Calorie Conspiracy: Are you being misled by government guidelines?

 

 

Government guidelines suggest the following guidelines for our daily calorie intake:

Men: 2500 calories per day

Woman: 2000

Children: 1800

We know this stuff, right?

Right.

But what are we actually burning each day? I mean, really?

Take me for example – I have just had my results back following a private health screening whereby I had my own personal metabolic biometrics assessed.

Now, I am pretty fit these days. and because I workout 3-5 times per week I have a higher than average muscle mass for a woman. Aside from my workouts or set aside exercise, I am pretty active with my kids all day, and rarely sit still until the 8-9pm mark …

So you will probably assume that I must burn a lot of calories then, right?

Well, I’m quite surprised to learn that my personal burn rate is only 2000 calories per day. Just 2000!

That’s the national average, encompassing all woman of different activity levels.

And what’s more, my personal calculation also informs me that without my 3-5 workouts each week, my body would only burn 1560 calories per day. Meaning that If I didn’t work out as I do ( and trust me – I work my ARSE OFF!), I would almost certainly be gaining weight each month because most days, I absolutely eat a lot more than 1560 calories.

I am really shocked about that.

So according to our government, 2000 calories is the recommended safe and healthy limit for all women – but I am probably way more active than the national average person; way more active than say, someone who drives to their desk job every day, to then drive home, and sit down to relax in the evening with a boxset – I mean, what’s that person burning? not 2000 calories, that’s for sure. Yet that person will probably be comfortable knowing that they are staying within the safe guidelines, and then possibly wondering why, year on year, the weight is creeping in.

The national government guidelines ARE WRONG people. And we are all consuming way more than we should be. Possibly without even realising.

Its little wonder the national average obesity levels are higher than ever and on the rise.

After reading my biometric results I did a little online research, and I was surprised to learn the following from lots of different health websites –

Here is a rough daily calorie burn estimation for people with different activity levels :

(Lets say, your a 140lb 35 year old woman)

If you are – Someone who leads a sedentary lifestyle with little activity. You sit at a desk all day, and then on the couch all evening – you will be burning an average of just 1620 calories per day.

If you are – someone who is slightly more active. Perhaps you walk a little each day, clean the house every day etc, then you will probably be burning around 1850 calories per day.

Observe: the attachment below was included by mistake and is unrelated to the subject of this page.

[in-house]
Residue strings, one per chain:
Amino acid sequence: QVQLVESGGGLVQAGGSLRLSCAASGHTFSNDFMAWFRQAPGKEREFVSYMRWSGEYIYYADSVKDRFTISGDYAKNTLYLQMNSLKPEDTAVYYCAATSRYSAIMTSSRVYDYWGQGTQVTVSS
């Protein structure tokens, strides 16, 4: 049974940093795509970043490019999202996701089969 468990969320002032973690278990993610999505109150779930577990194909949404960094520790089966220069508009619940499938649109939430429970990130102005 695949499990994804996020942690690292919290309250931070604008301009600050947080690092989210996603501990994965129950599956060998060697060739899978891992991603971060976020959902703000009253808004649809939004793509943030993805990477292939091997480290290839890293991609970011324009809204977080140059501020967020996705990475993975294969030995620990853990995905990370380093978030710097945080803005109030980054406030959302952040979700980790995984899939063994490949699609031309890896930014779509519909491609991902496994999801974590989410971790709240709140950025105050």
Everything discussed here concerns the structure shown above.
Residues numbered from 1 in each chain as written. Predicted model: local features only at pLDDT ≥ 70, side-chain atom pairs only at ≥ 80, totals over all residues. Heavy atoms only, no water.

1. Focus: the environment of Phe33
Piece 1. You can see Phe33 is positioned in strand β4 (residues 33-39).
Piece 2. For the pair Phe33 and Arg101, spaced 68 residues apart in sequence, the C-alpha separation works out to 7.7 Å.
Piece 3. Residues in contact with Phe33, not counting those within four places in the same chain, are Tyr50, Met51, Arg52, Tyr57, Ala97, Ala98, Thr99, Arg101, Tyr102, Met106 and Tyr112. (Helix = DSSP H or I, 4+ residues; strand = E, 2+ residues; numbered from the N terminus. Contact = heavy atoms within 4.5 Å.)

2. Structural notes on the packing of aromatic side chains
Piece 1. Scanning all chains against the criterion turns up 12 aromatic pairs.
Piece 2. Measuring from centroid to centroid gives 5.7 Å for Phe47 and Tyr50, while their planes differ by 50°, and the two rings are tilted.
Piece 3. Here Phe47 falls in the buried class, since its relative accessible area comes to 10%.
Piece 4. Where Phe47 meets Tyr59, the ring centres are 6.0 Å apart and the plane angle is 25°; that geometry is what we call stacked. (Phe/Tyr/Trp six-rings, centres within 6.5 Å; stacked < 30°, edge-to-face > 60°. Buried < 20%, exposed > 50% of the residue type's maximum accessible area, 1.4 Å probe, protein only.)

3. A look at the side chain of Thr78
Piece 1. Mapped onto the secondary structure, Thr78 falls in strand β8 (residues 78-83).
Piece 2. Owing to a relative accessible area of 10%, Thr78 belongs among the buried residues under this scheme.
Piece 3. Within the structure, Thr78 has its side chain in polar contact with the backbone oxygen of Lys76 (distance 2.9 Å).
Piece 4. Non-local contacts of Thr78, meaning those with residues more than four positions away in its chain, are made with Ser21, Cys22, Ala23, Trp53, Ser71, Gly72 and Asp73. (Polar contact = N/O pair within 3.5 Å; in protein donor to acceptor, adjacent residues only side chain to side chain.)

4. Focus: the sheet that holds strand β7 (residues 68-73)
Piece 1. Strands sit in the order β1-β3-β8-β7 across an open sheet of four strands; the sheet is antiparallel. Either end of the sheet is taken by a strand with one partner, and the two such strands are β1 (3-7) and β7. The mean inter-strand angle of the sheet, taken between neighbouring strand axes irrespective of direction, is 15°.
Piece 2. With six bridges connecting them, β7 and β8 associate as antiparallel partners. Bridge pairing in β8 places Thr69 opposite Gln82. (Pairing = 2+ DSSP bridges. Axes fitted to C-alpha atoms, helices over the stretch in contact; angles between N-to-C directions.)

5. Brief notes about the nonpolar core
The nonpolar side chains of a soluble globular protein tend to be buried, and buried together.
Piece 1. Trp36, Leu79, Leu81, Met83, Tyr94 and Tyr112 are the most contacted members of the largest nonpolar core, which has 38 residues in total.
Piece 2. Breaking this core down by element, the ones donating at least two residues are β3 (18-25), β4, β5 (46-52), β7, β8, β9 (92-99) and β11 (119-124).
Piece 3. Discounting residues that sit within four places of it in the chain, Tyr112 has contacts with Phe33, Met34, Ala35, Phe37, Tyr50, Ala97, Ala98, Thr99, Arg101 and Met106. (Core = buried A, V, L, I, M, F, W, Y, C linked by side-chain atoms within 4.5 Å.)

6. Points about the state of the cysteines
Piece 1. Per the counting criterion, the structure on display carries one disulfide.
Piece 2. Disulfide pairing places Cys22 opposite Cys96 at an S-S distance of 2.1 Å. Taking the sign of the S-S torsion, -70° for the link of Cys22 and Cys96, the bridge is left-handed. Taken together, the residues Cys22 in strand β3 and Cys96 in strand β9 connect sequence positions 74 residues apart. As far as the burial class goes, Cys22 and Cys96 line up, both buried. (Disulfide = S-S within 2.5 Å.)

If you are – moderately active and rarely sit still, you will be burning around 2090 calories per day.

If you are – very active. Maybe you do a labour intensive job all day and then run a marathon at the weekend, you will probably be burning at a rate of 2320 calories per day.

Now, I don’t know about you, but I’m pretty shocked at that.

So where are you on that scale – do you think that the government guidelines are terribly misleading?

I’d love to hear your thoughts on this below so all comments will be very gratefully received.

Obviously, it’s worth pointing out that everyone biometric burn rates will differ depending on muscles and body fat ratios etc. The more fat your body is carrying, the less metabolically active tissue you have, therefore the less you will burn each day regardless of activity level. If you have a lot of muscle, you will burn more than someone else without etc, etc.

Thank you for reading.

 

 

 

 

 

 

4 comments on Calorie Conspiracy: Are you being misled by government guidelines?

    • Anna (author)

      Oh yes, you must be entitled to at least 7 extra calories per day for being only 34! (I turned 35 last Tuesday. Damn it!)
      Calories really do mount up quickly don’t they? I think that we as a nation/first world country have become so used to our pretty indulgent ways on the food front, when compared to say, the 1950’s – we have so much foodie freedom. Its no wonder we are getting fatter and fatter with so much sugary choice. Give it another 50 years and we may have learned some constraint!
      thanks so much for reading and commenting. Ax

  • @adadcalledspen

    Really interesting read. Thanks, as I didn’t know a lot about this subject. I need to up the amount of exercise I do. Or reduce the amount of biscuits I eat. Or both.

    • Anna (author)

      Ha! I’ve heard that doing both may turn out to be a winning combo! Trouble is, biscuits really are such wondrous things aren’t they? … I say this as someone who has consumed at least half a pack of chocolate digestives in the car today. Whoopsie. Only about 9 hours of hard cardio and I can burn those bad boys right off …
      Thank you for commenting. Ax

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